Such tournaments were the sport of the rich and were glamorous, colourful affairs. The coats of arms adorning jousting knights were necessary so that spectators could identify their heroes and those who had emerged victorious. The costumes, symbolism and drama of the tournament became an art form and so too did the coat of arms.
In the medieval period, only a ruling monarch could grant the use of a coat of arms. In England and Scotland, only the person to whom the coat of arms was granted could use it as it was. This meant different generations would alter the design slightly and this has added to the huge diversity in the history of the coat of arms.
Coats of arms are heraldic devices, demonstrating the bearer’s wealth and prowess. Heraldry is a term which describes the design, use and study of armorial bearings. Heraldic designs are still in popular use and adorn the banners of cities, towns, regions, organisations and individuals.
Heraldry, and the study of coats of arms, has a language all of its own which can be difficult to interpret, but the rich layers upon which the tradition was built ensure heraldry is a beautiful representation of our heritage.
The Heraldry Society is a great place to start delving into the wonders of heraldry, its history, language and colour. The society has a comprehensive library of literature and a huge searchable gallery of coats of arms.
The splendour of such devices as an art form and historical record has transposed the ages and the coats of arms and other heraldic displays still symbolise legacy, tradition, achievements, values, aspirations and common purpose.
The make-up of a coat of arms
The components which make up a coat of arms are as complex as the artwork which adorns them. Because mediaeval England was heavily influenced by the nobility of Norman France, many of the terms used to describe each element use this language. This complex set of rules and terminology means the study and development of coats of arms has its own unique code which only adds to the ornate heritage.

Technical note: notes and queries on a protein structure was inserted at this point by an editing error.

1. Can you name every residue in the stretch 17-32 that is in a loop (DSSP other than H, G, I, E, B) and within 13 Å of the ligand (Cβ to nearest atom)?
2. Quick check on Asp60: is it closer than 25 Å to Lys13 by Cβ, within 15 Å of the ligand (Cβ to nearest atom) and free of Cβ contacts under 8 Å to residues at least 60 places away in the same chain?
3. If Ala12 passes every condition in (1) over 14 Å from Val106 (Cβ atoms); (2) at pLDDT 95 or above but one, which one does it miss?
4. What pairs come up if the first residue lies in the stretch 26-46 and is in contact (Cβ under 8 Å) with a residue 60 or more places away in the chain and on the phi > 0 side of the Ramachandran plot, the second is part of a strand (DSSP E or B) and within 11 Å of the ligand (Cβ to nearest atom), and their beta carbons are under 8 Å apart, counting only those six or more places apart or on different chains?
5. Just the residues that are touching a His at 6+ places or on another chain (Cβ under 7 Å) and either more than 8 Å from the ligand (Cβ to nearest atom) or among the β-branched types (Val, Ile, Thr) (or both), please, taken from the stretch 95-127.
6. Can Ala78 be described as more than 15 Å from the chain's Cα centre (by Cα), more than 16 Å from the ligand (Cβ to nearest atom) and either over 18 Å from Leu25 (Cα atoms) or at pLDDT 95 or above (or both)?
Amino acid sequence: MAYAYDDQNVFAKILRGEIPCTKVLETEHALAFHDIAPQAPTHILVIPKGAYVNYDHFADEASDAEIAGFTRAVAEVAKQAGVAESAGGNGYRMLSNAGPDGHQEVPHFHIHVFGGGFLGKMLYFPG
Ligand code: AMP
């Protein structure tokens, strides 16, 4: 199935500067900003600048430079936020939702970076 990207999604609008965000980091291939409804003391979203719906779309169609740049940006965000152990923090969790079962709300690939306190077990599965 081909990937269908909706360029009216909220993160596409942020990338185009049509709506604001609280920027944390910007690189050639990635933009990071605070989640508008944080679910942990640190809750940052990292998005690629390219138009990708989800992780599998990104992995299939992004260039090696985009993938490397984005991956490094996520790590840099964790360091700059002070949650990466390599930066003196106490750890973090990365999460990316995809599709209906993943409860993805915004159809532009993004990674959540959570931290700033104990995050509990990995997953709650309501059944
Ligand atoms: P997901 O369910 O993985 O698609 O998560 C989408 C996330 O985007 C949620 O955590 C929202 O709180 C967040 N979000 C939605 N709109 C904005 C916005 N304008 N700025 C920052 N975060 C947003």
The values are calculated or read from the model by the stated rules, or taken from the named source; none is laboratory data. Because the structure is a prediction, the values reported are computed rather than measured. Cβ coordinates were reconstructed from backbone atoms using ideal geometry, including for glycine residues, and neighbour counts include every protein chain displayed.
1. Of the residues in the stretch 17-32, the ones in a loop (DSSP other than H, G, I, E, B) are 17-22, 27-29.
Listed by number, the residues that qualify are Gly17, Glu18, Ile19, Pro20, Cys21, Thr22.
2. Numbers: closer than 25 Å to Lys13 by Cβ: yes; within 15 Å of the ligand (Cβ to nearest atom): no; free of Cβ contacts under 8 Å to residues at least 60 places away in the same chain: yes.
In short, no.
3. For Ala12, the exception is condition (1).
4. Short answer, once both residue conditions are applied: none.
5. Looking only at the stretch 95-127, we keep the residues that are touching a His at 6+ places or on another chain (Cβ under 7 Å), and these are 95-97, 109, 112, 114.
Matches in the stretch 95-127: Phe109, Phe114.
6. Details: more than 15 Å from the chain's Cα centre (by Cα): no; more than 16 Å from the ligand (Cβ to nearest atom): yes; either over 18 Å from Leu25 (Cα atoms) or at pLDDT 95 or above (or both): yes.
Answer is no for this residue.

Each coat of arms is always made up of a shield upon which a basic design is incorporated. Often this is a cross, but designs also use chevron, saltires and other shapes. These basic designs are known as "ordinaries".
A crest will sit on top of the shield and this is sometimes an animal like a lion or a bird such as an eagle. Often this symbol is chosen to represent some achievement or prowess that the bearer believes they or their family possess.
Above the crest you will find the motto. This is a saying or phrase that the owner of the coat of arms feels best sums up their family, pedigree, achievements and values.
Flanking each side of the shield are the supporters. These are usually two animals or a pair of people who represent the defenders of the shield. The chosen design of the supporters will often depict the origin of the coat of arms.
Has my family got a coat of arms?
As explained by the College of Arms, a coat of arms does not "belong" to a surname, it belongs to an individual. To have a right to a coat of arms, you must have had it granted to you or be descended from a legitimate male line to whom the coat of arms was afforded.
However, many families will be able to trace ancestors who were granted a coat of arms and you may be able to identify elements within the design which hint at your family origins.